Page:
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MADISON, Wis. – Wisconsin coach Bo Ryan called time out with 31 seconds to play in the first half Tuesday at the Kohl Center. And then this happened.

The Badgers' Frank Kaminsky got the ball on the right wing, drove past Iowa defenders Aaron White, Dominique Uhl and Trey Dickerson and threw down a dunk. Embarrassingly easy. Which pretty much sums up No. 6 Wisconsin's 82-50 drubbing of No. 25 Iowa.

The Hawkeyes, a team that had gotten off to a surprising 4-1 start in Big Ten play and had a 3-0 record in true road games, fell behind from the get-go and got crushed by the Big Ten favorites. This was a haymaker Iowa coach Fran McCaffery didn't see coming.

"Yeah, I mean, I don't think we expected to play like we played (Tuesday)," McCaffery said. "I think that's safe to say. We didn't play a good game. We didn't play a game that's typical of who we are. But we also played a really good team who played really well. That was a part of it."

Wisconsin gets a ton of credit for manhandling Iowa.

"I think we were as close to a complete 40-minute game as we have been all year," Wisconsin's Sam Dekker said.

But the Hawkeyes had plenty of self-inflicted moments, too.

"We did some of it to ourselves, and they did some of it to us," McCaffery said. "That's what happens when you go on the road in this league."

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Iowa, a team that was impressive enough last week to go from receiving no votes to getting 85 of them from Associated Press poll voters Monday, will have a short stay among the nation's elite. Polls aren't that important this time of the year. But how this team bounces back from Tuesday's disaster certainly is.

At Purdue on Saturday, followed by another meeting with the Badgers on Jan. 31, a road trip to Michigan Feb. 5 and a home game with Maryland Feb. 8. The toughest stretch of the Big Ten season. The lingering question is this: How long will this black eye last?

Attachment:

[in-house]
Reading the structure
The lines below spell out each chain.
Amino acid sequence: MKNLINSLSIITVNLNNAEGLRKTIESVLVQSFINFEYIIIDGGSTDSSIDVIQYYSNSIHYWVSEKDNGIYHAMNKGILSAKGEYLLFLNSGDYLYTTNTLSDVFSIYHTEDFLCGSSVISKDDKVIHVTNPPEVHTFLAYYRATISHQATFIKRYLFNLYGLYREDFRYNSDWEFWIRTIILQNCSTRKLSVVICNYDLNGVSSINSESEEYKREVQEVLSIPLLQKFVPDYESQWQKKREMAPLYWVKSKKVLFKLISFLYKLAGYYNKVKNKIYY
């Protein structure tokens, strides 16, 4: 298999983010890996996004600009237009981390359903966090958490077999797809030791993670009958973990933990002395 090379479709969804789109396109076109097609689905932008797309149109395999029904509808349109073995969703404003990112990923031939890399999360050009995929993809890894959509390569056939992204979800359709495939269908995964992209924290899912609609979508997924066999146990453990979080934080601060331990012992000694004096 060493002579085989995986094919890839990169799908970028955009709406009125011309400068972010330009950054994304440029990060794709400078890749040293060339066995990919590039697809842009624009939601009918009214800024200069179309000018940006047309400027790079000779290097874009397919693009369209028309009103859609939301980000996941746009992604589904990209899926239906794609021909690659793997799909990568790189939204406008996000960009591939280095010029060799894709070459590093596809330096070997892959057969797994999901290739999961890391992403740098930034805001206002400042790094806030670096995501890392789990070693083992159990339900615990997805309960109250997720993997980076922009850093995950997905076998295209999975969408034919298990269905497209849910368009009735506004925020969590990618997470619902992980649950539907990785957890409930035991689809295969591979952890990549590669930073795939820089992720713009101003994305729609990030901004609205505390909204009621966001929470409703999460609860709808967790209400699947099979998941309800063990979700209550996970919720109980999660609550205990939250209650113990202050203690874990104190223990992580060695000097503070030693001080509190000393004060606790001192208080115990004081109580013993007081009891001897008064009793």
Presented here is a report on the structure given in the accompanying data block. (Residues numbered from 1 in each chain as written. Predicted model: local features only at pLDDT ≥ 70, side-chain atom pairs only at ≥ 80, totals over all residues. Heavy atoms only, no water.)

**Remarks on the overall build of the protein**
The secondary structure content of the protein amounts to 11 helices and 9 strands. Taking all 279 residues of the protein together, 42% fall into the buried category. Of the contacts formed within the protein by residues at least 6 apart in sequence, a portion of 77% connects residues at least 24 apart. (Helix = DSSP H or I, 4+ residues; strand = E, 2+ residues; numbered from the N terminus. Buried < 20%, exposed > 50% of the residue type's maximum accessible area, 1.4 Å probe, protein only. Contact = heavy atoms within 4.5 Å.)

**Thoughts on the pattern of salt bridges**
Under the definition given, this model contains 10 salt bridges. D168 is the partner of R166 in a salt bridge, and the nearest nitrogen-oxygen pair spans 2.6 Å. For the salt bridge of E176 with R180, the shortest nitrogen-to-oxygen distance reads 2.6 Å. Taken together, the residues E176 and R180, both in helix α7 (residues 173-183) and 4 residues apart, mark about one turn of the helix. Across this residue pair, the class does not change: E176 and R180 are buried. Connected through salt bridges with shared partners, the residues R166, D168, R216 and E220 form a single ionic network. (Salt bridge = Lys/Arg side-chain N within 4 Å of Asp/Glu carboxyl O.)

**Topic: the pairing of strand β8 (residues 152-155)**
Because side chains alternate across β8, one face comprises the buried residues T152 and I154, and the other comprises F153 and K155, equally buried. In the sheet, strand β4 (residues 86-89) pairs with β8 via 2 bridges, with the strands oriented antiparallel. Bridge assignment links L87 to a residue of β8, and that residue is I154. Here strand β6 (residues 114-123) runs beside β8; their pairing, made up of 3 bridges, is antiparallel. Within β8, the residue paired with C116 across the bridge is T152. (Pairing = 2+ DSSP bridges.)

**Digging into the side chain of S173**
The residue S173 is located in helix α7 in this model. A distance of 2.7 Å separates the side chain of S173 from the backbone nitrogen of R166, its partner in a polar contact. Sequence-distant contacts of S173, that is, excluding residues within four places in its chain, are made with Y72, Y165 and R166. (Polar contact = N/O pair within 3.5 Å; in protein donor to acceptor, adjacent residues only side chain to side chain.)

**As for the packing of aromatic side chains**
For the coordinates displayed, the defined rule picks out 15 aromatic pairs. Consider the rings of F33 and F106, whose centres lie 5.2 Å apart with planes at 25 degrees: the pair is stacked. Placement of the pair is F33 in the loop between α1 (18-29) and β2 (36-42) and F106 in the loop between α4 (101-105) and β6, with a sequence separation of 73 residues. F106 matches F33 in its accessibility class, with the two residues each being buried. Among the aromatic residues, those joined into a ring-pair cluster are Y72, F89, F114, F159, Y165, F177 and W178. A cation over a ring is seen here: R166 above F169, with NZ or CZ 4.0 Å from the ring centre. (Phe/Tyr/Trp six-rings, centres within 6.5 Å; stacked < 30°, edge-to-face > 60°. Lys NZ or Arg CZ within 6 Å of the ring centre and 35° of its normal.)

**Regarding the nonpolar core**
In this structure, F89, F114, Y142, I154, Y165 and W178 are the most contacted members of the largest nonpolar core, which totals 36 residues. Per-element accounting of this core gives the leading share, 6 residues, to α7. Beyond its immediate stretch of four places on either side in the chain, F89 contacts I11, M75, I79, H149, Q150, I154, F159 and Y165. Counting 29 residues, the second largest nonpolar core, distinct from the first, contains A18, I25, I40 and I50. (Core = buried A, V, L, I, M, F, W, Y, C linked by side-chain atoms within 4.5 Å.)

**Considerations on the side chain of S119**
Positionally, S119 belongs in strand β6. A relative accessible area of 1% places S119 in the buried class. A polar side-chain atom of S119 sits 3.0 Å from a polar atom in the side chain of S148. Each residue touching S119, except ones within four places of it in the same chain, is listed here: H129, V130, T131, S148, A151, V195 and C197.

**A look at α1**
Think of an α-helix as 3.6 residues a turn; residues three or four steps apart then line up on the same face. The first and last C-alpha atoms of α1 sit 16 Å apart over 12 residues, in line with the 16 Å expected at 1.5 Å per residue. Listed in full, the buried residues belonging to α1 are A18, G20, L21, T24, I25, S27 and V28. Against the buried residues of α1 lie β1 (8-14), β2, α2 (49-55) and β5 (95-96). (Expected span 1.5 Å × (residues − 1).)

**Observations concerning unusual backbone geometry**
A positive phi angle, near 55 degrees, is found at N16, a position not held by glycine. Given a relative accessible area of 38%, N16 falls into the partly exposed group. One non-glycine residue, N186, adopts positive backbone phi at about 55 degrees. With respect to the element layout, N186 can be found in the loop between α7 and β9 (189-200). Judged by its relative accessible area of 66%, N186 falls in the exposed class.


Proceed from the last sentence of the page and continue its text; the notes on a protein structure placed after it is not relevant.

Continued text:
"It's never as good as it seems or as bad as it seems," McCaffery said.

The Hawkeyes came to town confident they could compete here. In its last three trips to the Kohl Center, Iowa won, lost in double overtime and lost by three points. Instead, Iowa turned in a game that was strikingly similar to a 67-40 loss here in March of 2009 at the tail end of the Todd Lickliter era.

Iowa fell victim to textbook Ryan basketball. The Badgers had just one turnover. That was due to excellent ball-handling and the fact that Iowa didn't play much defense.

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Wisconsin moved the ball with precision on offense, getting mismatches and open looks on nearly every possession. The Badgers made nine of 22 3-pointers, with open looks that were the result of sharp ball movement.

Defensively, the Badgers hounded Iowa in the half-court. The Hawkeyes rarely got a clean look at the basket. Wisconsin missed 30 shots, but had 15 offensive rebounds. And the Badgers owned the 50-50 balls, committed just nine fouls and held the Hawkeyes to 10 free-throw attempts.

"We played extremely well," Ryan said.

That's the understatement of the Big Ten season.

Hawkeye columnist Rick Brown is a 10-time Iowa Sportswriter of the Year. Follow him on Twitter: @ByRickBrown.

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